To functionally link these mesenteric resident bacteria to intestinal inflammation, we colonized antibiotics-treated specific pathogen-free (SPF) mice with our 5 candidate strains (5-mix) and examined effects on DSS-induced colitis (Fig. 3a). Mice colonized with the commensal bacteria, Escherichia fergusonii, isolated from SPF wide type C57BL/6J mice was used as controls, which has been demonstrated to be not virulent in a mouse model[19, 20]. These 5 bacteria were capable of colonizing the intestinal lumen as measured by 16S rRNA PCR amplification (Fig. S8a-f). The body weight of mice in those 3 groups were comparable before DSS administration (Fig. S8a). DSS-mediated body weight loss was significantly exacerbated in mice colonized with 5-mix bacteria compared to mice colonized with E. fergusonii or culture media alone (BHI) (Fig. 3b). Additionally, DSS-induced colitis as measured by disease activity index (DAI) and colon length was significantly augmented in mice colonized with 5-mix bacteria compared to mice colonized with E. fergusonii or BHI (Fig. 3c-e). These clinical parameters correlated with exacerbated histological assessment of colonic inflammation characterized by increased mucosal erosion, crypt destruction and inflammatory cell infiltration in the mice colonized with 5-Mix bacteria compared with mice colonized with E. fergusonii or BHI group (Fig. 3f and g). Consistent with the histological alteration, colonic mRNA expression of TNF-α, IL-6 and IL-1β were significantly elevated in mice colonized with 5-mix bacteria (Fig. 3h). Results were validated in a spontaneous colitis Il10−/− mouse model (Fig. 3i). Mesenterium-resident bacteria significantly induced shortening (Fig. 3j and k) and destruction of colon tissue (Fig. 3l and m). Collectively, our results demonstrated that the consortium of 5 mesenteric resident bacteria exacerbated DSS-induced colitis.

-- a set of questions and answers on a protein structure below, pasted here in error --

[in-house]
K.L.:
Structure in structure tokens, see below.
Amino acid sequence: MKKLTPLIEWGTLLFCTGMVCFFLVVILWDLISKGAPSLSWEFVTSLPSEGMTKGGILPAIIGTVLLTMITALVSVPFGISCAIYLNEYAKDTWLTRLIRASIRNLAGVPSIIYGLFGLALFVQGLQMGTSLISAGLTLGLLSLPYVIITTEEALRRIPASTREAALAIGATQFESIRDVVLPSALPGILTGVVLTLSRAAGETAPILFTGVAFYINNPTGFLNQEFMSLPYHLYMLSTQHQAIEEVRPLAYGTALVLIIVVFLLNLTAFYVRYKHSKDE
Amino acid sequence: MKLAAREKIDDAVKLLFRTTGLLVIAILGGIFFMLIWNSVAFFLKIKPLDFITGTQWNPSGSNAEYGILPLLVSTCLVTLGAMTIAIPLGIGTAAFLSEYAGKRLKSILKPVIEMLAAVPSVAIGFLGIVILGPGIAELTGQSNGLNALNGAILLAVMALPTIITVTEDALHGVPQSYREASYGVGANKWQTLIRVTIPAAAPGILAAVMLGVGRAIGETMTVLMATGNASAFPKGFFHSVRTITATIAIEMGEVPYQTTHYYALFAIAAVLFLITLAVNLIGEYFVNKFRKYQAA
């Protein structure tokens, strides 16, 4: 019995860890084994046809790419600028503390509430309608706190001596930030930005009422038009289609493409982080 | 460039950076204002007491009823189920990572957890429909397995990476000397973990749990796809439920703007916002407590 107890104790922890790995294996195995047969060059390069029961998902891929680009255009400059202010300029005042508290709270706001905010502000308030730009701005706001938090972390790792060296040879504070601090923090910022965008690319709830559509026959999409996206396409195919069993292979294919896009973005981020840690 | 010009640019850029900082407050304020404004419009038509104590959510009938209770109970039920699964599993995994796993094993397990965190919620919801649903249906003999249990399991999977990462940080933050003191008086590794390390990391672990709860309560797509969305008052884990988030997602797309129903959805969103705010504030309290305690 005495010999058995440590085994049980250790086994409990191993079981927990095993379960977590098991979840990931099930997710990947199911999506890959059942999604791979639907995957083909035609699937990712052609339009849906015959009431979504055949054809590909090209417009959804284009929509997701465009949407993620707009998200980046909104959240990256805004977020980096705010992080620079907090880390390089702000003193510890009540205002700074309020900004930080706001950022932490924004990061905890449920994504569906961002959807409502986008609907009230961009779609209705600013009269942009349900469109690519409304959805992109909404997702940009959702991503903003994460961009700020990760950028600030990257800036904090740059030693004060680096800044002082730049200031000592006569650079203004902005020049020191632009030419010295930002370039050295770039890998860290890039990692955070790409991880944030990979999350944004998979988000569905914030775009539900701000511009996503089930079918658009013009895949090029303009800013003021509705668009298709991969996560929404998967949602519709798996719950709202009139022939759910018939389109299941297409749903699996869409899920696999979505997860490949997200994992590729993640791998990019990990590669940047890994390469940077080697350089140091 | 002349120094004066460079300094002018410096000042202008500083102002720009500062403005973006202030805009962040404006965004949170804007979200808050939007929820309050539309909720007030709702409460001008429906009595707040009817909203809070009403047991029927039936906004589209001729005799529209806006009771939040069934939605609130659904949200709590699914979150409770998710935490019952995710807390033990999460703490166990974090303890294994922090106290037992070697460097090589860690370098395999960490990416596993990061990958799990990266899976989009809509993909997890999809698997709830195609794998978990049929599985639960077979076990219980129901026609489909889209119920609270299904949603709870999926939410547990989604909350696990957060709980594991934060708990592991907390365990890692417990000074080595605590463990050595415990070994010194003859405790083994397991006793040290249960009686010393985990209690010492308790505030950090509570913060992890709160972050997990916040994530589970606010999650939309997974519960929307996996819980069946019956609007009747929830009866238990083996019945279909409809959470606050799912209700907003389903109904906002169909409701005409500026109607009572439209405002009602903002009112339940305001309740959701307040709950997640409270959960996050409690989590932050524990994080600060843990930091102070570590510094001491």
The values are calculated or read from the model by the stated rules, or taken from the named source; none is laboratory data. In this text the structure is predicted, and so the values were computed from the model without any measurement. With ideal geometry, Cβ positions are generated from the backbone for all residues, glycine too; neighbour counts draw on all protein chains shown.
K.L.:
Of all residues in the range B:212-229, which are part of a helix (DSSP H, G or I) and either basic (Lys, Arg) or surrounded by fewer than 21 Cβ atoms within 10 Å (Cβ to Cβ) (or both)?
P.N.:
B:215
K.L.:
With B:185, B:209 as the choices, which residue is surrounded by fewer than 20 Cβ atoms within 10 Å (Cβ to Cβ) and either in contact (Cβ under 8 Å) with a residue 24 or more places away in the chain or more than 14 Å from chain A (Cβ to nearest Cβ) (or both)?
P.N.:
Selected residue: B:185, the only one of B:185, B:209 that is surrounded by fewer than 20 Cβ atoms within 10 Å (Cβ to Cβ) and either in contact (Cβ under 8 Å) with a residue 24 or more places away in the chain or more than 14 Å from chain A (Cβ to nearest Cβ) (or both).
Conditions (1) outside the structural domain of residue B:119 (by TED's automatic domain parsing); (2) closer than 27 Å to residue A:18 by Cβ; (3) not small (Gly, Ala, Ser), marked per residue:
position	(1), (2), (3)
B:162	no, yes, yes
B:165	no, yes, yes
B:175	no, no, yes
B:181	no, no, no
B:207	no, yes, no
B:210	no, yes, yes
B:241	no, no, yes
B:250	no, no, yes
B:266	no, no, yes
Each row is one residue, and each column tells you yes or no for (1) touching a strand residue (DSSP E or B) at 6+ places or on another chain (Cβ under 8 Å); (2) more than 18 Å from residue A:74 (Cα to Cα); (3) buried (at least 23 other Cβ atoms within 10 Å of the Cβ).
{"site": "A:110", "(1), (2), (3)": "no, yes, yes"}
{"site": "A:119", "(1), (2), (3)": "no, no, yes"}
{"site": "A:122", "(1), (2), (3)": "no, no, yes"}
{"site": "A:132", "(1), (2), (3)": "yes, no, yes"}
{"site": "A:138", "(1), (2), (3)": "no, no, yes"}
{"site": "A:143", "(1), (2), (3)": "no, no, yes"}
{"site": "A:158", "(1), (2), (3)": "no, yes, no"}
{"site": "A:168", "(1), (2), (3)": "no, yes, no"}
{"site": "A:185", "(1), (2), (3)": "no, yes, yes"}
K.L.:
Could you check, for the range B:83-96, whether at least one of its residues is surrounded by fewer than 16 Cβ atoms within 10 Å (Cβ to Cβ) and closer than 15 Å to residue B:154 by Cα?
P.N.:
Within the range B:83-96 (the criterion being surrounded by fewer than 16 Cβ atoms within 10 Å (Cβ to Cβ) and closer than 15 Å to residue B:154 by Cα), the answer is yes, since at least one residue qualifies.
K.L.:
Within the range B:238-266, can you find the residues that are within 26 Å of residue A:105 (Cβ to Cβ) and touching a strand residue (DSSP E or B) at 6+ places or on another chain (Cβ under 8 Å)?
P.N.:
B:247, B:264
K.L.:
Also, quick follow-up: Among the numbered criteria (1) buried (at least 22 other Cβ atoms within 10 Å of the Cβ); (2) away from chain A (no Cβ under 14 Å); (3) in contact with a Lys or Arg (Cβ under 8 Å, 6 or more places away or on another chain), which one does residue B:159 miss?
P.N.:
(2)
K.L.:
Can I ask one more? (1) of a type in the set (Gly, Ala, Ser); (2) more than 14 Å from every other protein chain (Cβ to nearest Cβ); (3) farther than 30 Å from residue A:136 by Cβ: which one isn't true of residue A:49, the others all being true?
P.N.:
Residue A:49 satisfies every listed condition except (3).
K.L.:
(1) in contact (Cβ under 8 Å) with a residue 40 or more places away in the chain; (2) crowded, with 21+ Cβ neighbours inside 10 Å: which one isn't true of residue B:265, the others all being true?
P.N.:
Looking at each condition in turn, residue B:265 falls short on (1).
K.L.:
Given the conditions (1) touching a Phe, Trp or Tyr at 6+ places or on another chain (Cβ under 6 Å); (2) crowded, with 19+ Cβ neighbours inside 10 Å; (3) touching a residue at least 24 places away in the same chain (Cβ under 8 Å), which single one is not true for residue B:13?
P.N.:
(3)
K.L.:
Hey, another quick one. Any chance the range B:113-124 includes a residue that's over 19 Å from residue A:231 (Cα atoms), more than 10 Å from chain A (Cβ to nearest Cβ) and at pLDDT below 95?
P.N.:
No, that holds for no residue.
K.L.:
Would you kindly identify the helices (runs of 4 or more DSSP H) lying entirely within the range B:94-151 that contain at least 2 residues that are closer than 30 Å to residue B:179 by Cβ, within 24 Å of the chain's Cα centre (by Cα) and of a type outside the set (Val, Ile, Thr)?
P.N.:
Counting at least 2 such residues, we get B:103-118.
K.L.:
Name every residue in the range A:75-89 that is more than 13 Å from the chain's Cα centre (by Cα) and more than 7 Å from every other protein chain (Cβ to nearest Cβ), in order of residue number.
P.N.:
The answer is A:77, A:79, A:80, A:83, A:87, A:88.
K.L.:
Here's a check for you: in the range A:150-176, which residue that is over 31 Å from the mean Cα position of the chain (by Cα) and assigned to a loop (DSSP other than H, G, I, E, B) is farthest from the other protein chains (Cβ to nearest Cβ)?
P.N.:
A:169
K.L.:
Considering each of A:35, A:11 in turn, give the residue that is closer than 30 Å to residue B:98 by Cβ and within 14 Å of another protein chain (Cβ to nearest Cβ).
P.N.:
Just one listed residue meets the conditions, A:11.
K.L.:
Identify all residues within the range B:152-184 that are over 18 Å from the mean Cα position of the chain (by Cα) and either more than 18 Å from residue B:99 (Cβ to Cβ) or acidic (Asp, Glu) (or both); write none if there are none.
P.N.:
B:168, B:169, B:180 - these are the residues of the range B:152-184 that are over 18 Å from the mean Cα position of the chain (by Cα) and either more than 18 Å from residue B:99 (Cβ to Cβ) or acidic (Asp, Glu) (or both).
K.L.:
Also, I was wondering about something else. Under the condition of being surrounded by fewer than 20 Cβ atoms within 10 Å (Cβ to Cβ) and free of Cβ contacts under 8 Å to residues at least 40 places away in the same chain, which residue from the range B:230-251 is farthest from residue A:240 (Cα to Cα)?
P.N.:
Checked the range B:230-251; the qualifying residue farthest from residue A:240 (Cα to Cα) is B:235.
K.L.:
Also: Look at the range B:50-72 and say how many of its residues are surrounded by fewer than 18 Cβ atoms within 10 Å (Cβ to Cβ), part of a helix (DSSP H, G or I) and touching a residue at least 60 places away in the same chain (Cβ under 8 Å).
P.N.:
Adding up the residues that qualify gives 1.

As our previous transcriptomic analysis indicated the down-regulation of ECM-receptor interaction and focal adhesion in mAT, we subsequently evaluated these transcripts in mice treated with 5-mix bacteria. Several transcripts associated with focal adhesion, such as Egfr, Itga9, Lama2, Pdgfra and Thbs2, were significantly down-regulated in mAT from mice treated with 5-mix bacteria (Fig. S8g). In addition, mRNA expression of genes associated with ECM-receptor interaction including Col1a1, Col 6a1, Col 6a2, Col 6a3, FN1 and Tnxb were decreased in mAT from mice treated with 5-mix bacteria (Fig. S8h). Interestingly, these transcriptional changes were similar to those observed in CD patients. These data implicated the impact of these 5 bacteria on the remodeling of mesenteric structure.
To examine the in vitro inflammatory potential of the 5-mix as well as contribution of individual bacteria, we co-cultured these bacteria with murine RAW264.7 macrophages. Consistent with the results observed in mice, the 5-mix bacteria induced significant secretion of inflammatory cytokines (IL-1β, IL-6 and TNF-α) from macrophages. Although the inflammatory capacity varied among the individual bacterium, we observed that the Achromobater pulmonis (A. pulmonis) exhibited a significant effect in pro-inflammatory response (Fig. 3n). The secretory pattern of inflammatory cytokines from A. pulmonis- treated macrophages was even similar to those treated with 5-mix (Fig. 3n). In addition, A. pulmonis also demonstrated strong inducibility of cytotoxicity activity in pre-adipocytes 3T3-L1 or epithelial cell IEC6 by detection of lactate dehydrogenase (LDH) (Fig. S9a and b). We therefore hypothesized that the A. pulmonis strain isolated from mAT of CD patients might be the major contributor of exacerbated colitis in vivo.
Mesenteric resident Achromobacter pulmonis exacerbates colitis